The year of Palestinian leadership change has begun

The differences within Fatah are also looming larger and larger.

    A Palestinian protester runs for cover from tear gas fired by Israeli troops during clashes in the West Bank city of Bethlehem [REUTERS]
    A Palestinian protester runs for cover from tear gas fired by Israeli troops during clashes in the West Bank city of Bethlehem [REUTERS]

    In an age where information and media play a key role, it is crucial to look at any change from the point of view of its portrayal in the media. The Palestinian context is no different.

    As changes are bound to occur in 2016, it is noteworthy that the beginning of the year has witnessed an important change in what appears to be the post-Abbas transitional year.

    Ahmad Assaf, who has been the spokesman of the Fatah movement for a number of years, was appointed to replace the retiring Riyad al-Hassan as the chairman of the board of Palestine Radio and Television. Assaf was also appointed chairman of the official Palestinian news agency, WAFA.

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    He is the youngest ever chairman of the board of Palestine's public media outlets, and his appointment is the first indication that the second generation of Fatah leadership is quietly taking over as 81-year-old Mahmoud Abbas and his team prepare to leave the political scene.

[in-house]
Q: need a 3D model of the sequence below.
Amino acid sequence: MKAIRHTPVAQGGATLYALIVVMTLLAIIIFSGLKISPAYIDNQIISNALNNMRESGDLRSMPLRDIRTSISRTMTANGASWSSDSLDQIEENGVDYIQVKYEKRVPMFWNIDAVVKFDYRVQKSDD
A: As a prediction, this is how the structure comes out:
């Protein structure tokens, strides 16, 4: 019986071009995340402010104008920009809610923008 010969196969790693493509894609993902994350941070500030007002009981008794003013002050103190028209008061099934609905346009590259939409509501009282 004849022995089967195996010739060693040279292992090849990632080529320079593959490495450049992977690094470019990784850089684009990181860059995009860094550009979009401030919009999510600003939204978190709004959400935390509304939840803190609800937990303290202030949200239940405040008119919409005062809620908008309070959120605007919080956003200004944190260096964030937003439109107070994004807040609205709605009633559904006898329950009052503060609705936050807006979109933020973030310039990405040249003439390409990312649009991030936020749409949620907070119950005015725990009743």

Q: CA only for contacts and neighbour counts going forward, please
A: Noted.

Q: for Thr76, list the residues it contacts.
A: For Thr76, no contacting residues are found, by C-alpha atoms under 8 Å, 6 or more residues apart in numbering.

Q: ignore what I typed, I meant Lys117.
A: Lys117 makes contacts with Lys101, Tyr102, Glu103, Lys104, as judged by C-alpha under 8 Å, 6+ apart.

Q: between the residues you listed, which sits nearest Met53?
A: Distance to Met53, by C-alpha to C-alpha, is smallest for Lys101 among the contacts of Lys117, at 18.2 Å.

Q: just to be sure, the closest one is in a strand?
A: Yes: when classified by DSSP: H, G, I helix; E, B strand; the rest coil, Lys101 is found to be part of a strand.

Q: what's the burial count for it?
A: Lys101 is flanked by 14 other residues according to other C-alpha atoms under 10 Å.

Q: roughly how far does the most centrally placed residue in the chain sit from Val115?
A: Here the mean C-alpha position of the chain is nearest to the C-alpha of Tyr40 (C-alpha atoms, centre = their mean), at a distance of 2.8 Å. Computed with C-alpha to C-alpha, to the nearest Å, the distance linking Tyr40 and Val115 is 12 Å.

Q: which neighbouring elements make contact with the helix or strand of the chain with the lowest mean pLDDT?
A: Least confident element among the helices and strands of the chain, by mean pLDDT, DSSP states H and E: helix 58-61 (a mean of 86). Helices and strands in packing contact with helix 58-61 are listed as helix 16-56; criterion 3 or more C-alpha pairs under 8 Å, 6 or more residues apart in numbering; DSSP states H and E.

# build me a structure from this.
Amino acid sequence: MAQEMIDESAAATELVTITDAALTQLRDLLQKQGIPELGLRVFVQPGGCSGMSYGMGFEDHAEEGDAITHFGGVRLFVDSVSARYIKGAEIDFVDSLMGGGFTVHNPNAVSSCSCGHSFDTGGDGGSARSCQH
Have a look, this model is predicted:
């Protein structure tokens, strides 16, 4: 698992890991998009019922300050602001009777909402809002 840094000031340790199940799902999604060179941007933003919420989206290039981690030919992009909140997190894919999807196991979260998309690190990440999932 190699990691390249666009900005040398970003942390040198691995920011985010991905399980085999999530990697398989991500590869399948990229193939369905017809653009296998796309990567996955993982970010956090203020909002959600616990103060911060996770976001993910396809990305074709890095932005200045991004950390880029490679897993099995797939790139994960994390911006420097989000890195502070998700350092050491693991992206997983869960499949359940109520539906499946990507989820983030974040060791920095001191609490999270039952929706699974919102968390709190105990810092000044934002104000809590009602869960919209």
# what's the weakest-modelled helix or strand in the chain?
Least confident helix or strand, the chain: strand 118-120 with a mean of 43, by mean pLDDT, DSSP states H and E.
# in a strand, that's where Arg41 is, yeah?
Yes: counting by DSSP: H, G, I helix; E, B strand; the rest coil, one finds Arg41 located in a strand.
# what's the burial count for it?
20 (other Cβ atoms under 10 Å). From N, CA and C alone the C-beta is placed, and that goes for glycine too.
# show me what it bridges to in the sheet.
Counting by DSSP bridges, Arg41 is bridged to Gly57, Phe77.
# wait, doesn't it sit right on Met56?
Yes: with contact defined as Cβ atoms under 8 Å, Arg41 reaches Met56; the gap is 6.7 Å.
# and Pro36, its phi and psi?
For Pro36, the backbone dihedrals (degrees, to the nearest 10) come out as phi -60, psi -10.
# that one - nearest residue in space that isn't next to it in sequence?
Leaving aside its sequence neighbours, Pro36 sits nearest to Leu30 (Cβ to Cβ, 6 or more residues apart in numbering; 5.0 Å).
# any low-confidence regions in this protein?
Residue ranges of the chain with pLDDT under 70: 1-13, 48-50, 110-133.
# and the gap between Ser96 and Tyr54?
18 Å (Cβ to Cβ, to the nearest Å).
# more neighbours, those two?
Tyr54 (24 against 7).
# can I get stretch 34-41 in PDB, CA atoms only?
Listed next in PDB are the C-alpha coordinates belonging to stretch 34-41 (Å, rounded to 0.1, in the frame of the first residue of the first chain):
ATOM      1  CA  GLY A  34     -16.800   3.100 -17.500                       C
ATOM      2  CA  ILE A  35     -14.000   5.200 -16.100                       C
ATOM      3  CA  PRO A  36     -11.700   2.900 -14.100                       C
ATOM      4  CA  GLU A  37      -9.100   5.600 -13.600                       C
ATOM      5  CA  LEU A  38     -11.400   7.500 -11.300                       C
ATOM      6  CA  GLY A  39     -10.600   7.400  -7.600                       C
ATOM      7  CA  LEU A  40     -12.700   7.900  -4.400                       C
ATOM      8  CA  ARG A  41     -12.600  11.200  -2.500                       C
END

Obama's prediction

    If the Obama administration's prediction that 2016 will fail to witness the birth of the Palestinian state proves true, then this year should be dedicated to leadership transition.

    A number of obstacles continue to cause delays in holding elections on internal party fronts as well on parliamentary and presidential levels. Perhaps the absence of a unified central administrative and security control over the West Bank and Gaza is the largest of these obstacles.

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    The PLO and Hamas signed numerous reconciliation agreements but have not carried out their commitments.

    Some second-generation Fatah leaders are calling for a new direction which includes serious efforts that will lead to integration and power-sharing with Hamas.


    Palestinian leaders blame external forces for wanting to perpetuate the split. The regional differences that pitted nationalists against Islamists have been reflected almost daily in the Palestinian conflict.

    Gulf countries have no tolerance for the relatively moderate Muslim Brotherhood movement, insisting that it is a tree from which all religious extremism is branching out.

    Some second-generation Fatah leaders are calling for a new direction which includes serious efforts that will lead to integration and power-sharing with Hamas.

    They insist that including fellow Palestinians who are aligned with the Brotherhood is a necessity and not a luxury. They say that the unique situation of Palestine under occupation requires that regional conflicts should not be allowed to be mirrored there.